Every Breath You Take

Another Writing Wednesday to take your mind off the real world, hooray!

Today we’re talking semicolons, but please don’t run away.

They may seem fancy and unnecessary, but you’d be surprised how often they apply.

Just think of them as super commas. 

To avoid any unnecessary confusion, we’ll stick to the two most common uses.

First up: Lists

Semicolons are the best in complex lists full of items that already have commas.

  • In 2016 I traveled to Dallas, Texas; Minneapolis, Minnesota; Seattle, Washington; and Nashville, Tennessee.
    • If I hadn’t used a semicolon to separate those cities, there’s a chance your brain would read my travel log as six locations instead of three.
  • I have a great track record in terms of reliable cars. There was Mimi, the blue ’95 Toyota Camry; Curtis, the green ’02 Honda CR-V; and Scar, my bright red 2016 Mazda CX-5 (knock on wood).
    • Again, imagine this without the semicolon. You would think Mimi and the ’95 Camry were two different cars when they’re actually the same.
  • Some dates I’m particularly fond of are October 5, 1987; May 24, 2007; May 7, 2011; and August 10, 2013.
    • This is just a matter of good housekeeping. Think of the potential comma chaos. Gross.

Those are all easy enough, right? Cool.

Now we’ll talk independent clauses.

An independent clause can exist as its own sentence, but if you ever wanted to connect two of ’em, a semicolon would be the way to do it.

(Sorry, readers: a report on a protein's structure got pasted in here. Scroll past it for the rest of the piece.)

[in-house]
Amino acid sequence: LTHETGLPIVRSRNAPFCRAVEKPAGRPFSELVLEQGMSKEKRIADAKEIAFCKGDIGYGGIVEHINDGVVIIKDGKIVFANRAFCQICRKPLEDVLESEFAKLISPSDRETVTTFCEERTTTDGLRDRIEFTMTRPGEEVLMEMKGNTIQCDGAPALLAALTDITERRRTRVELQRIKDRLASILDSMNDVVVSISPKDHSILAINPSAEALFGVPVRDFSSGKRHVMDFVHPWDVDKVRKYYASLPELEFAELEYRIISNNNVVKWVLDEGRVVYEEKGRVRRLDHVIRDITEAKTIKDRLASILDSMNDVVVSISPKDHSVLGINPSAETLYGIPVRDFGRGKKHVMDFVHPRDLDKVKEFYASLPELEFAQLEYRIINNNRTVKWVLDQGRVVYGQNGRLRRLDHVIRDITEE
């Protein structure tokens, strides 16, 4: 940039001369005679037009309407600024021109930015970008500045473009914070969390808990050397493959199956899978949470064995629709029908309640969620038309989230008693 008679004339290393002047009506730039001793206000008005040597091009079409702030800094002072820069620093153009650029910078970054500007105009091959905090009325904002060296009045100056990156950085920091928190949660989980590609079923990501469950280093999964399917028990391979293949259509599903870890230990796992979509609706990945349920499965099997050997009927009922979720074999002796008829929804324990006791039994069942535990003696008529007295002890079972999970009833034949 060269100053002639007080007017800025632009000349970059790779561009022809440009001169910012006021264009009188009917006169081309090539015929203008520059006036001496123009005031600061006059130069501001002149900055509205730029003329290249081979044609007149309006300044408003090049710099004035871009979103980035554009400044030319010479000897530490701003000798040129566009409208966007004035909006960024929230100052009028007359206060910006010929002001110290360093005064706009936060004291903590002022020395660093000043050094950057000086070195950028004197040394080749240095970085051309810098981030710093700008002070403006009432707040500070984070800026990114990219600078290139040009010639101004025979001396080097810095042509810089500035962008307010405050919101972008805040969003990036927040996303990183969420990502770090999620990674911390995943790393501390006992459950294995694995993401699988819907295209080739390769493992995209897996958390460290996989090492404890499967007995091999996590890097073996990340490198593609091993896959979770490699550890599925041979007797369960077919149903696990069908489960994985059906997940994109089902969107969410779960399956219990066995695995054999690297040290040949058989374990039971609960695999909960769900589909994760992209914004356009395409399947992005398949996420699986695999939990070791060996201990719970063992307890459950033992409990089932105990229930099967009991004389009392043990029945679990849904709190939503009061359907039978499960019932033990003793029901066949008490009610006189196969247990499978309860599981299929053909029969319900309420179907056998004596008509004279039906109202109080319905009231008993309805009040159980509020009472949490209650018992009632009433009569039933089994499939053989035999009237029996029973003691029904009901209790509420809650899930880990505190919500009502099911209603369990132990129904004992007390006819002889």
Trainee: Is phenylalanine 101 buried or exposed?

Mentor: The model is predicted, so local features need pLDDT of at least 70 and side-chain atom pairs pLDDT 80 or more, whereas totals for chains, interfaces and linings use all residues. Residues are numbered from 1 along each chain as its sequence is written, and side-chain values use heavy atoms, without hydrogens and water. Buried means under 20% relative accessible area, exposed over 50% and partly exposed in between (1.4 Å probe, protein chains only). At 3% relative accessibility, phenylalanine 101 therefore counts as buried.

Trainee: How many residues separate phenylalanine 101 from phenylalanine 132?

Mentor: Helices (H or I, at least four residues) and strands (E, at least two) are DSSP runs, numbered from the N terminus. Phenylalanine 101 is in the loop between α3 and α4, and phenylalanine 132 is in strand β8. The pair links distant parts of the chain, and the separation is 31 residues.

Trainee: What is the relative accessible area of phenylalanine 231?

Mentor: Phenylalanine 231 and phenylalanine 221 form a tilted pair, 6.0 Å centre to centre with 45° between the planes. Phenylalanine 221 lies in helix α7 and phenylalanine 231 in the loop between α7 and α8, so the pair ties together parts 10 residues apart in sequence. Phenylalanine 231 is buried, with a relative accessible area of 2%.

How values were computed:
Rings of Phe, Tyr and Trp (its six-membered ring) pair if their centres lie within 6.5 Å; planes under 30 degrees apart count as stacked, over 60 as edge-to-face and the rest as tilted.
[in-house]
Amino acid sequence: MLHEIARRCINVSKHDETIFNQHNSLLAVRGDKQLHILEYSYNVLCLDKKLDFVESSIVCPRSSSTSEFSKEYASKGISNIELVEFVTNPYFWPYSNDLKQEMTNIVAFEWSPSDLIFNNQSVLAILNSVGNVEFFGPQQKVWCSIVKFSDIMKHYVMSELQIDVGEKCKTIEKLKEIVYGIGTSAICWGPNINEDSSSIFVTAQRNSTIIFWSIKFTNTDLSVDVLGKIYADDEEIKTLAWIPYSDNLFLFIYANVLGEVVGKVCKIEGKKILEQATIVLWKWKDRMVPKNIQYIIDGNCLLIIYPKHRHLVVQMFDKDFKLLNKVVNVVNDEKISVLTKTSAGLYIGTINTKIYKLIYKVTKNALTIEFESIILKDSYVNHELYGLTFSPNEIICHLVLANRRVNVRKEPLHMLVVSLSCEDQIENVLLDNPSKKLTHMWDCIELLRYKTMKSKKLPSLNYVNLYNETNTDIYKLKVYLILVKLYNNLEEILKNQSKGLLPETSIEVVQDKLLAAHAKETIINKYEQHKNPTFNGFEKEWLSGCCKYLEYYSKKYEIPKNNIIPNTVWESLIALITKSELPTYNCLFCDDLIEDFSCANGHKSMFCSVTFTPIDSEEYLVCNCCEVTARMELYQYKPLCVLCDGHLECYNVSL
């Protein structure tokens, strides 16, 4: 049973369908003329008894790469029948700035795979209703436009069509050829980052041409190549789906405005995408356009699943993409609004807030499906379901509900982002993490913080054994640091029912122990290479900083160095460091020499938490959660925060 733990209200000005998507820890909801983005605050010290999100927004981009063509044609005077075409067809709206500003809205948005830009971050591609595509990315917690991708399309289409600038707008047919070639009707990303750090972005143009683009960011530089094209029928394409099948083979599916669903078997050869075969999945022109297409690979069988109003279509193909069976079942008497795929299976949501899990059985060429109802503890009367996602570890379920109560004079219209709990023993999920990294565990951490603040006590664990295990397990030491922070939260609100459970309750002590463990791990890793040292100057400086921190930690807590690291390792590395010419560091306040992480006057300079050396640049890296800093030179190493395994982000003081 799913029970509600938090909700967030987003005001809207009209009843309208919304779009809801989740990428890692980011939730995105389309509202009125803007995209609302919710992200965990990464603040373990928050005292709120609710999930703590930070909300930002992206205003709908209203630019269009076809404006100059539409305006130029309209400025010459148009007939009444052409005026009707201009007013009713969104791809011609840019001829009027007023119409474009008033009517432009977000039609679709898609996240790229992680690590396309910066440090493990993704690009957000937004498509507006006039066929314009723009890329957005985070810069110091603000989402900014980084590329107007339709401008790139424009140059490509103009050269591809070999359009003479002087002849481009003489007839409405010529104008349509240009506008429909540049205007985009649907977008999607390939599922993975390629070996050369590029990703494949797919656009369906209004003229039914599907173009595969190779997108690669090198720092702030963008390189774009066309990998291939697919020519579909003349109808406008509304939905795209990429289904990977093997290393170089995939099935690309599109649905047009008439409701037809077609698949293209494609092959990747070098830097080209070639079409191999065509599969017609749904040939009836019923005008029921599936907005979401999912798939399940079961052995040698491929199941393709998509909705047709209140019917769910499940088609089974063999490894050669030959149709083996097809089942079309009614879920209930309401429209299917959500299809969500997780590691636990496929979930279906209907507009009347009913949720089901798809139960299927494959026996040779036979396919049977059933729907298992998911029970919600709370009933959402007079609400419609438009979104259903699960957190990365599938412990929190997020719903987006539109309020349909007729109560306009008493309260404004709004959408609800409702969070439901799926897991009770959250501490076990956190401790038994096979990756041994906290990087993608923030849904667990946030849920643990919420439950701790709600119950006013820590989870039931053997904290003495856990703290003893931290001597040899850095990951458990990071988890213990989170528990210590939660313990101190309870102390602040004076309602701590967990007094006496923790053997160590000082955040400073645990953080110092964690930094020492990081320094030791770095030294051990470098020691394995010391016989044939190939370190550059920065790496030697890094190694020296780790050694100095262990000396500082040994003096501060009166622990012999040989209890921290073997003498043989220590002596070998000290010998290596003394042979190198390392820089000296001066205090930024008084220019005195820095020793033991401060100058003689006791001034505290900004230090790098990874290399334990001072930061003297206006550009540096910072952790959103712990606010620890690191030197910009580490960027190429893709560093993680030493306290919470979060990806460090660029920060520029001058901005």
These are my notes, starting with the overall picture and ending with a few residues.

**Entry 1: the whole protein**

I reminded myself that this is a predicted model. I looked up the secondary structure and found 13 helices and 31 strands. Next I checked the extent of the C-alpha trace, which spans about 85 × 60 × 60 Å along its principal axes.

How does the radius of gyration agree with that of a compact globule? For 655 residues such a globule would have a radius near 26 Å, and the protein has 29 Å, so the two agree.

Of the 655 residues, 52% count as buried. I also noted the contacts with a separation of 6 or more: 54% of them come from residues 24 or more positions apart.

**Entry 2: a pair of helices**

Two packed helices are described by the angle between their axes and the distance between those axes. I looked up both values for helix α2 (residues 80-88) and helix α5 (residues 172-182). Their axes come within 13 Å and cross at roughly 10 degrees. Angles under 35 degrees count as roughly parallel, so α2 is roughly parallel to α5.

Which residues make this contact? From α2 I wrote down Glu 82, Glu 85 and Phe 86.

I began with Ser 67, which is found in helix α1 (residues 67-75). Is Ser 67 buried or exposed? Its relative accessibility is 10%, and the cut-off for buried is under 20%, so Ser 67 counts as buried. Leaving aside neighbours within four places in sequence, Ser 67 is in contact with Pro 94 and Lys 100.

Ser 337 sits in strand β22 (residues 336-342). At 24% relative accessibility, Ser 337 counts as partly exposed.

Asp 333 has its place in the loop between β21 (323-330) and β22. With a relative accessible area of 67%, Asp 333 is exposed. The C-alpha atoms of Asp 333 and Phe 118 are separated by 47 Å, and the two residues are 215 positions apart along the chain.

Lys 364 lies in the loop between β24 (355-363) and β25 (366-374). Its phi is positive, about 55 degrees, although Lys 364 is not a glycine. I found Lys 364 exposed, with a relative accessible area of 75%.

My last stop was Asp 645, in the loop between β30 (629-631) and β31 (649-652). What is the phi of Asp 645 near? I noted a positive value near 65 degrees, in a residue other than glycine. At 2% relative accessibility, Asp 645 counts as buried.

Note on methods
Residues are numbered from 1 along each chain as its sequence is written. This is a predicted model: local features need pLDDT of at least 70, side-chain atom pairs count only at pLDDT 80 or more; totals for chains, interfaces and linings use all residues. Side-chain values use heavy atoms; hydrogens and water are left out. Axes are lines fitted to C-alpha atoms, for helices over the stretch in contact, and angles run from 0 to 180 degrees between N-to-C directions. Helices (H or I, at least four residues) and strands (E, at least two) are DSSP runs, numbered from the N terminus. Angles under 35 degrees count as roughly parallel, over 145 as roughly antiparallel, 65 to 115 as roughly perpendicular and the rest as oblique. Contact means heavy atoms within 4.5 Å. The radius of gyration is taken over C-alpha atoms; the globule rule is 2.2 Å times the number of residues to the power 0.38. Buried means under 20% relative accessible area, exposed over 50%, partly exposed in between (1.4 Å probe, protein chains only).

That said, don’t go around connecting random sentences with a semicolon just because you feel like it – the two should be related.

  • I walked to the coffee shop the other day; it’s 12 miles from my house.
    • Because each is a complete sentence on its own, I could use a period and be totally fine. But the semicolon allows for a quicker pause and keeps me on the same train of thought.
  • The dogs hate when I work anywhere but the couch; they’re obsessed with cuddling.
    • Imagine I’d used a period instead. My second sentence would seem pretty random. The semicolon emphasizes the relationship between the two thoughts.

Does this help? Is it still confusing? Maybe mentioning when you shouldn’t use a semicolon will provide a little more clarity.

Do not put a semicolon before a coordinating conjunction.

  • I arrived at the coffee shop five hours later, but it was closed.

You might be sitting there thinking, “Alli, you totally put a semicolon after ‘and’ in the list examples.”

You’re right, I did. But that’s a list! The conjunction rule only applies to independent clauses.

UNLESS you’re using a conjunctive adverb, in which case semicolons are the way to go.

  • The state of social media is pretty bleak; nevertheless, I still have the compulsive need to check every possible timeline.

Make sense? I hope so.

If I did more harm than good, please let me know with a comment. I just wanted to make this top half of the wink a little less intimidating.



Title Credit: The Police

2 thoughts on “Every Breath You Take

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